Austin EMS reports a surge of overdose calls likely tied to a new ‘batch’ of drugs

More than 30 suspected overdoses occurred in Austin on Monday, with four suspected overdose deaths.

By Olivia Aldridge, KUT NewsMay 1, 2024 10:30 am, ,

From KUT News:

Austin-Travis County EMS said it responded to a deluge of overdose-related calls Monday, beginning around 9 a.m. and continuing into Tuesday.

As of Tuesday at noon, ATCEMS representatives said there had been 51 suspected overdoses in that time span. Many of these patients were treated with Narcan, a medication that can reverse the effects of opioids, and transported to local hospitals. Four died after paramedics were unable to revive them.

ATCEMS representatives said that overdose-related calls had seemed to slow.

“Normally we have about two to three calls per day. We’re now in the mid-to-high thirties for today,” Dr. Heidi Abraham, chief deputy medical director for ATCEMS, said Monday evening.

A cluster of calls initially came from downtown Austin, but more calls began coming in from across the city as the day progressed, according to ATCEMS representative Christa Stedman. She said calls came from residents, businesses and public areas, and that overdoses affected people of various ages and demographics. ATCEMS Assistant Chief Steve White confirmed that there had been no pediatric overdoses, and that both housed and unhoused people had been affected.

Stedman said this spate of overdoses was likely tied to a single source or a couple of sources. Although people affected reported using different drugs, she said, their symptoms shared “similar signatures.”

“When we see outbreaks like this, the suspicion is that essentially there’s a new quote-unquote ‘batch’ in town,” Stedman said.

The Austin Police Department’s Organized Crime Division Narcotics Support Unit is investigating the string of overdoses and “working to identify the potential dealer or dealers,” according to a news release.

On Tuesday, APD representatives said two persons of interest had been detained; one was charged with felony possession of a firearm. The investigation is ongoing, but individuals found to be responsible could be charged with murder or manufacture or delivery of a controlled substance causing death or serious bodily injury.

Some of the overdose patients said they believed they were using non-opioid narcotics, per the release, but success reviving patients with Narcan suggests the presence of an opioid such as fentanyl.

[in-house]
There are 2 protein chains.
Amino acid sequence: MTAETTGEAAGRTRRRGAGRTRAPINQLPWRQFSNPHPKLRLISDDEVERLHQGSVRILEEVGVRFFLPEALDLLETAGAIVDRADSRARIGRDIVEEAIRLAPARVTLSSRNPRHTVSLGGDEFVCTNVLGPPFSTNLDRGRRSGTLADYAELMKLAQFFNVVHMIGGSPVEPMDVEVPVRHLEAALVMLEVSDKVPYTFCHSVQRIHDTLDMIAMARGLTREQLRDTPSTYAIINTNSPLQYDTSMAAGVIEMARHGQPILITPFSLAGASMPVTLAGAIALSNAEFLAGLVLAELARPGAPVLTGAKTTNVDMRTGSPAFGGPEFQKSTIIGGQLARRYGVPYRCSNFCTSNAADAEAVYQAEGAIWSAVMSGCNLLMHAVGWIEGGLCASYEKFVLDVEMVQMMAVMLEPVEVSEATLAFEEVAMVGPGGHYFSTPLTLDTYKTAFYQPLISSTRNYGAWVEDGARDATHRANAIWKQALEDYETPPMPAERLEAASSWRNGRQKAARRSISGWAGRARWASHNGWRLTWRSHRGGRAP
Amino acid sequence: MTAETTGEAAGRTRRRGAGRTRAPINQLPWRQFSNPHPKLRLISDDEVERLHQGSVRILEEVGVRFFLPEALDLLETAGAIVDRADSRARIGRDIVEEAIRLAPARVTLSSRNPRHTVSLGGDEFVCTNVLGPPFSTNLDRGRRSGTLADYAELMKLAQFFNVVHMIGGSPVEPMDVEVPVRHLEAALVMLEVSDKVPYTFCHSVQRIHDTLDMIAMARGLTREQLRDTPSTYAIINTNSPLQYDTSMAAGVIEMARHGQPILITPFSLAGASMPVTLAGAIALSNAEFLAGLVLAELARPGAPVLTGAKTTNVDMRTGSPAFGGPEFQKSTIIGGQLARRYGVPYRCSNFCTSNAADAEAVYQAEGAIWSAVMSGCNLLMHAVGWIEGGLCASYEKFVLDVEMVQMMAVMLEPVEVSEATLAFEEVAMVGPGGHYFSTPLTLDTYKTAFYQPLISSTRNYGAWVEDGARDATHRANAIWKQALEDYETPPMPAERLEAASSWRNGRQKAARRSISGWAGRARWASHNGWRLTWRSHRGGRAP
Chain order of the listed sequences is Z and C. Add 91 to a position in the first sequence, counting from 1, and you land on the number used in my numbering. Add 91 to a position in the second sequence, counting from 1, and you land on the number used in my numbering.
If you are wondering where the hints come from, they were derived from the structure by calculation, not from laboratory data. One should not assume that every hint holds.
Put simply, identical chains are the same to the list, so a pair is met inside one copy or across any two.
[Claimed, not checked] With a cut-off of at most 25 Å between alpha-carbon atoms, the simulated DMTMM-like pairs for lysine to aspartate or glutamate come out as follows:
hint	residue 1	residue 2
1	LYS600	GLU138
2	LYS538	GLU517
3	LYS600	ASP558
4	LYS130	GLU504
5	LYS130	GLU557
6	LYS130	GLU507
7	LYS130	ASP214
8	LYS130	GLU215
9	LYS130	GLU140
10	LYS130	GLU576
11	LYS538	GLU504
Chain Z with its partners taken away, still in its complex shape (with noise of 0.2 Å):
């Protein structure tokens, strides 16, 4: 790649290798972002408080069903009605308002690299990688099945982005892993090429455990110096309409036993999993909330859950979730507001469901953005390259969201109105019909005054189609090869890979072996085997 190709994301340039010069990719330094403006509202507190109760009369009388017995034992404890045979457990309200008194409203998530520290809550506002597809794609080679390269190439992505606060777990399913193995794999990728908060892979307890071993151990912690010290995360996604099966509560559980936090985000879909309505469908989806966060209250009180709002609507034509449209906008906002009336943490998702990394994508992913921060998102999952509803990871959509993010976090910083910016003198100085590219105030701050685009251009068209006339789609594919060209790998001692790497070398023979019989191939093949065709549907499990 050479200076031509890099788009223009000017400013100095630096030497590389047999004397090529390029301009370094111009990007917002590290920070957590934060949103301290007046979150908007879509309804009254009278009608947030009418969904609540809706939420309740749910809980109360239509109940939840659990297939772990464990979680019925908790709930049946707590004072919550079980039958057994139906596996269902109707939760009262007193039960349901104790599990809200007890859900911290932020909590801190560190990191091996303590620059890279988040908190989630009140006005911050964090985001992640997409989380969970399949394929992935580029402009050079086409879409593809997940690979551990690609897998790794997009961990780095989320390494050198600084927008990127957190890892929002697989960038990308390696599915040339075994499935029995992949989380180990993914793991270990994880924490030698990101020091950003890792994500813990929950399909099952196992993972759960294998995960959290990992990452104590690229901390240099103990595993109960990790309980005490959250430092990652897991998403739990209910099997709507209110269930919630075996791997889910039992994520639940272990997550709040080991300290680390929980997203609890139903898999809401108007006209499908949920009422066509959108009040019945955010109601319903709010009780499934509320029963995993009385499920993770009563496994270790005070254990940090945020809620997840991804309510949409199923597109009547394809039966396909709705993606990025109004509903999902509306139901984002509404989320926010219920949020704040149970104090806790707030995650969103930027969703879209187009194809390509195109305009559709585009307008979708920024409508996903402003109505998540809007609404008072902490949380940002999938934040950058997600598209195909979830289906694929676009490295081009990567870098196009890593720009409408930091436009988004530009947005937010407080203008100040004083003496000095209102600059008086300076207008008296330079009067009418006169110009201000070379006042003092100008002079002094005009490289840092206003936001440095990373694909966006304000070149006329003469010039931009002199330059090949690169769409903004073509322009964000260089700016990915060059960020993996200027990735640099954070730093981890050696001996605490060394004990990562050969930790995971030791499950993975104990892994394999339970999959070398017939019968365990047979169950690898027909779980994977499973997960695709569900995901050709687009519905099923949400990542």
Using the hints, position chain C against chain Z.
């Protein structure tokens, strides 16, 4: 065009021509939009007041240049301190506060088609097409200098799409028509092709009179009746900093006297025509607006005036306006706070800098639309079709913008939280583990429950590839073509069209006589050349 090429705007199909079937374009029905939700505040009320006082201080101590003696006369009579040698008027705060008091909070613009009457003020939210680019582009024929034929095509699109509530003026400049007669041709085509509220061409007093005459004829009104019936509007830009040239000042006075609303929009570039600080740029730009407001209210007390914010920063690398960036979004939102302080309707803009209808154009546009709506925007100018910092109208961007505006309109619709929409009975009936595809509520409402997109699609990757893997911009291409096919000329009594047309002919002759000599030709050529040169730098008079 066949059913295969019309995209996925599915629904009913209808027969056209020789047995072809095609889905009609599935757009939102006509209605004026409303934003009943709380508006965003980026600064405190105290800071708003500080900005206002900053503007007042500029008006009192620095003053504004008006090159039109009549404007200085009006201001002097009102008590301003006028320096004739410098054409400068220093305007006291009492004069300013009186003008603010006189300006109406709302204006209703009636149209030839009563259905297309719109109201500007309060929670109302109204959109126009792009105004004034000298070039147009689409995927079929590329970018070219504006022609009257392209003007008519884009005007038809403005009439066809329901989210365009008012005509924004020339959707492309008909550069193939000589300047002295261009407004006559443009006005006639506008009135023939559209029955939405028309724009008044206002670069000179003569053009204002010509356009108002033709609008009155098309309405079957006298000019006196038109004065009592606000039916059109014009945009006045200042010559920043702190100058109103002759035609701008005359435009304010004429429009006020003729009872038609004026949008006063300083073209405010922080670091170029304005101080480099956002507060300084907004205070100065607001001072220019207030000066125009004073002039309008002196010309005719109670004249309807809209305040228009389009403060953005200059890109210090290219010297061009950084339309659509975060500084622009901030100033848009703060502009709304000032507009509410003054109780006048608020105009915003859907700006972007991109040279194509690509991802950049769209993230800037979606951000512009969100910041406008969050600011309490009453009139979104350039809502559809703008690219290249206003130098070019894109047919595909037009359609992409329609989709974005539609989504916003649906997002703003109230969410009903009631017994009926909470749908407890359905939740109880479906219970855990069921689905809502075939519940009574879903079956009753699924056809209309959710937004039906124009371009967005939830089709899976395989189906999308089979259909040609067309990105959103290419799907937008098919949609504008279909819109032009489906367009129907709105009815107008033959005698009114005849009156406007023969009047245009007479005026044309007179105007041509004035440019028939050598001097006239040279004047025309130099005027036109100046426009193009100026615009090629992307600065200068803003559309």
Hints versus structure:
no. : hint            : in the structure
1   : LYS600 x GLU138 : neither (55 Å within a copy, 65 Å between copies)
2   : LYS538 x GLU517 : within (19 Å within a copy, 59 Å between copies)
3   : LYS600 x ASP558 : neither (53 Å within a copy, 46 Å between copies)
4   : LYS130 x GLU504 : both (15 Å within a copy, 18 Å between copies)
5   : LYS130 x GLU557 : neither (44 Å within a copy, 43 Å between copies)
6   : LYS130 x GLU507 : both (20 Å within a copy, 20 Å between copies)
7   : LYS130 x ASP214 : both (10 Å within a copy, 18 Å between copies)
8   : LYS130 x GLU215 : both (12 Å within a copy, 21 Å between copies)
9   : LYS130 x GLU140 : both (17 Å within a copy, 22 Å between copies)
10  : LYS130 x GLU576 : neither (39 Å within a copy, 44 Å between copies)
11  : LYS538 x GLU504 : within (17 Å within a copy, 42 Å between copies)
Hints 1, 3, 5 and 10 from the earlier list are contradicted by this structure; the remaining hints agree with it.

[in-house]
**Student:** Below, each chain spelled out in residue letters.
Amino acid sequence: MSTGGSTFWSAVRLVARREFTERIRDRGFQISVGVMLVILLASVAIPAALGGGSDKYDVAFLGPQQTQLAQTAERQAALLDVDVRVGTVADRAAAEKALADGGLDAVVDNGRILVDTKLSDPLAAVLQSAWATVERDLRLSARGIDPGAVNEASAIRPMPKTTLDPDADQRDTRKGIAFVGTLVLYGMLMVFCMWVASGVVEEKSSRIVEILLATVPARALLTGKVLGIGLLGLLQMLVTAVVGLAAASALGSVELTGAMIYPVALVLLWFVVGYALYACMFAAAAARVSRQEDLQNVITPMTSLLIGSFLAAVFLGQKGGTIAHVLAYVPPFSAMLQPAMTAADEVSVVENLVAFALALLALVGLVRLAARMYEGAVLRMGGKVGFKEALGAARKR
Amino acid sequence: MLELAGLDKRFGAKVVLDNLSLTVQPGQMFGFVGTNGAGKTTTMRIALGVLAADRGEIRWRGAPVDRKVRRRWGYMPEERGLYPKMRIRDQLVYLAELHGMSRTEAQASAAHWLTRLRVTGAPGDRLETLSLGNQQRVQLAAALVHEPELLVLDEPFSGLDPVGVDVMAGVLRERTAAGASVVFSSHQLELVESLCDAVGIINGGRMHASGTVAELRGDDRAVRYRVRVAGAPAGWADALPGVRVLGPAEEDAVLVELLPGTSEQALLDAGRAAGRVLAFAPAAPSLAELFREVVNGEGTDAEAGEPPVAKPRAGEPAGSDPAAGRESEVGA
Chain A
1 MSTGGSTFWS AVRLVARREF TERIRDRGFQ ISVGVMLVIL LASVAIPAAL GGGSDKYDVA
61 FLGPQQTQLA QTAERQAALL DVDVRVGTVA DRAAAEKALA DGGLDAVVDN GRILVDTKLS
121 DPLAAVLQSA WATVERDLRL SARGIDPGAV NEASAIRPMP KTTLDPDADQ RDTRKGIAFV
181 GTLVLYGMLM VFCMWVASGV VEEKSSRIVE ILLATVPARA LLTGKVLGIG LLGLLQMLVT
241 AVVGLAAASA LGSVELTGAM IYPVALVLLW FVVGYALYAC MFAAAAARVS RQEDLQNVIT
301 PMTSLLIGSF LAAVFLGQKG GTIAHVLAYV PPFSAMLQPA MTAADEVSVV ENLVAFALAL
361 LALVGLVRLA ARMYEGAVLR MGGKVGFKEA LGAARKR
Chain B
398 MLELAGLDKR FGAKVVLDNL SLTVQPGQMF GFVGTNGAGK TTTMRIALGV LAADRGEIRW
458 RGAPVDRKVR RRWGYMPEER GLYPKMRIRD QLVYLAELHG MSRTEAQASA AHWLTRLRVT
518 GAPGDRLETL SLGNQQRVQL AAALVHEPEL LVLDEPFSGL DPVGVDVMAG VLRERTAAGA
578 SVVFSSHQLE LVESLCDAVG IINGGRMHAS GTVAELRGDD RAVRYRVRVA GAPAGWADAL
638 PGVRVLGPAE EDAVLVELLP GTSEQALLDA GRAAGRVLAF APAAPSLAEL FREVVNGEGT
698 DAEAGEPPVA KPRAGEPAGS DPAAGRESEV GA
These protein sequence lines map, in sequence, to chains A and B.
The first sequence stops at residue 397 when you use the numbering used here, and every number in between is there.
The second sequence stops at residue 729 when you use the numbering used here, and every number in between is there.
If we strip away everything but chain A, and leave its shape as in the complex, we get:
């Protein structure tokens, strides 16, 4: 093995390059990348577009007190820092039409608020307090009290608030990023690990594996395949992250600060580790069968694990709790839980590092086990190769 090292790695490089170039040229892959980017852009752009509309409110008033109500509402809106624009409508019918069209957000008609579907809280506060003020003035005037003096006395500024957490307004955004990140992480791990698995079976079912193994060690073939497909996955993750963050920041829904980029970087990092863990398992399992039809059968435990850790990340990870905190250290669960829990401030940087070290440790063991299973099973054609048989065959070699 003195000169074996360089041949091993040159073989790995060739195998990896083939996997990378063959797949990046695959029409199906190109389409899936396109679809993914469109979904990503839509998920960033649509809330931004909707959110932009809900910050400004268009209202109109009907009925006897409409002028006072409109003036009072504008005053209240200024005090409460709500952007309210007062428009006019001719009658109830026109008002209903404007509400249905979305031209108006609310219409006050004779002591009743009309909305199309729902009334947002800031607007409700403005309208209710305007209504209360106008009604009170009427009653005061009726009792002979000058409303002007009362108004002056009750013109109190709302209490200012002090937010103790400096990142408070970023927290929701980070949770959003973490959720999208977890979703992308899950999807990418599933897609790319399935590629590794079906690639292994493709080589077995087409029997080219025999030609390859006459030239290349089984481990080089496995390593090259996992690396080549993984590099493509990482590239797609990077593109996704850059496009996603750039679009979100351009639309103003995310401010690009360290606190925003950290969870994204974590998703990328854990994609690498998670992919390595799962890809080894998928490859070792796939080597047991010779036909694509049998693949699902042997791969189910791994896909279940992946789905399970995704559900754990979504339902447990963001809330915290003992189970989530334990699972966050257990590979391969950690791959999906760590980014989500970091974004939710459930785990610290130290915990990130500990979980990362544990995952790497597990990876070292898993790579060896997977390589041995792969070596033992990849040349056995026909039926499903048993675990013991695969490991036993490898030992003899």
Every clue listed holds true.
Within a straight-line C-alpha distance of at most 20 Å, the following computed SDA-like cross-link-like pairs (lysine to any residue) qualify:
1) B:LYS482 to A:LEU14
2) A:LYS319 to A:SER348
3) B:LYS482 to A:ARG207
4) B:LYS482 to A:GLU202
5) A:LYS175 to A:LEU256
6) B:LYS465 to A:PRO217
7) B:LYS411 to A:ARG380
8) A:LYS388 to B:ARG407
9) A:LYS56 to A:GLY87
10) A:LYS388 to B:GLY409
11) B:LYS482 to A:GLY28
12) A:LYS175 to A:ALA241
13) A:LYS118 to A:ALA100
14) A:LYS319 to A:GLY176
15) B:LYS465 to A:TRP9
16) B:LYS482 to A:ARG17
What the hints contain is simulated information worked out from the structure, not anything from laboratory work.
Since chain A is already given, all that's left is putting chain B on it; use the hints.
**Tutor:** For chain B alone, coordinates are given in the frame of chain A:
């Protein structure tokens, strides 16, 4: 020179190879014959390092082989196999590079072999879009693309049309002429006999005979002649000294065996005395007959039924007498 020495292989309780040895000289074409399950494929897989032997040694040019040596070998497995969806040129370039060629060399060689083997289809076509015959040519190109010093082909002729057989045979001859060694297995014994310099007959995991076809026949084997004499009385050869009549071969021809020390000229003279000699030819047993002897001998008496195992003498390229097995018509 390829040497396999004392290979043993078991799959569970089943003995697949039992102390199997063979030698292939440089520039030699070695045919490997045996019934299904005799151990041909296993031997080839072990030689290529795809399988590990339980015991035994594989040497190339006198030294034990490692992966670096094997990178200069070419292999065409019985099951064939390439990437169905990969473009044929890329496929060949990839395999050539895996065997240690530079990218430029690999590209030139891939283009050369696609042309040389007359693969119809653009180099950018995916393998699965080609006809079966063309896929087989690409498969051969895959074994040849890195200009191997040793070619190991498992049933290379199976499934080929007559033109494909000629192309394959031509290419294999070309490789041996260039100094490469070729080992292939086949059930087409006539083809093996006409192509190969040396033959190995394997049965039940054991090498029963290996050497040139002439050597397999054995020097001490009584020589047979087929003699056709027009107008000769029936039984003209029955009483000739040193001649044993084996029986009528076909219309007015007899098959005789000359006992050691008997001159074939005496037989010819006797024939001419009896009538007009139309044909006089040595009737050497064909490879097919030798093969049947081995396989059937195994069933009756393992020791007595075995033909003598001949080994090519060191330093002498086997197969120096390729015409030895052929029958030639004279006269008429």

“We are seeing opiates like fentanyl being used in almost every counterfeit drug on the market, and it can have devastating effects,” ATCEMS Chief Medical Officer Dr. Mark Escott said in a news release.

Travis County’s chief medical examiner, Dr. Keith Pinckard, said his office was investigating eight “suspicious” sudden deaths thought to be caused by overdoses since early Monday morning. Pinckard said the results of those autopsies should be available in the next few days and may provide more insight into the nature of the overdoses.

While APD investigates, ATCEMS is encouraging the public to avoid non-prescribed drugs and look out for possible overdose symptoms in others, such as shallow or slow breathing, confusion, loss of consciousness, small pupils and skin turning blue or purple.

Authorities also said keeping Narcan on hand could help save lives. White credited APD officers for acting quickly to revive patients with Narcan and the city’s homeless strategy office for helping to distribute hundreds of Narcan kits around downtown.

“If our city and county leadership had not made this a priority, the outcome of yesterday would have been much much worse,” White said. “The number of lives that we would have lost would have been dozens instead of single digits.”

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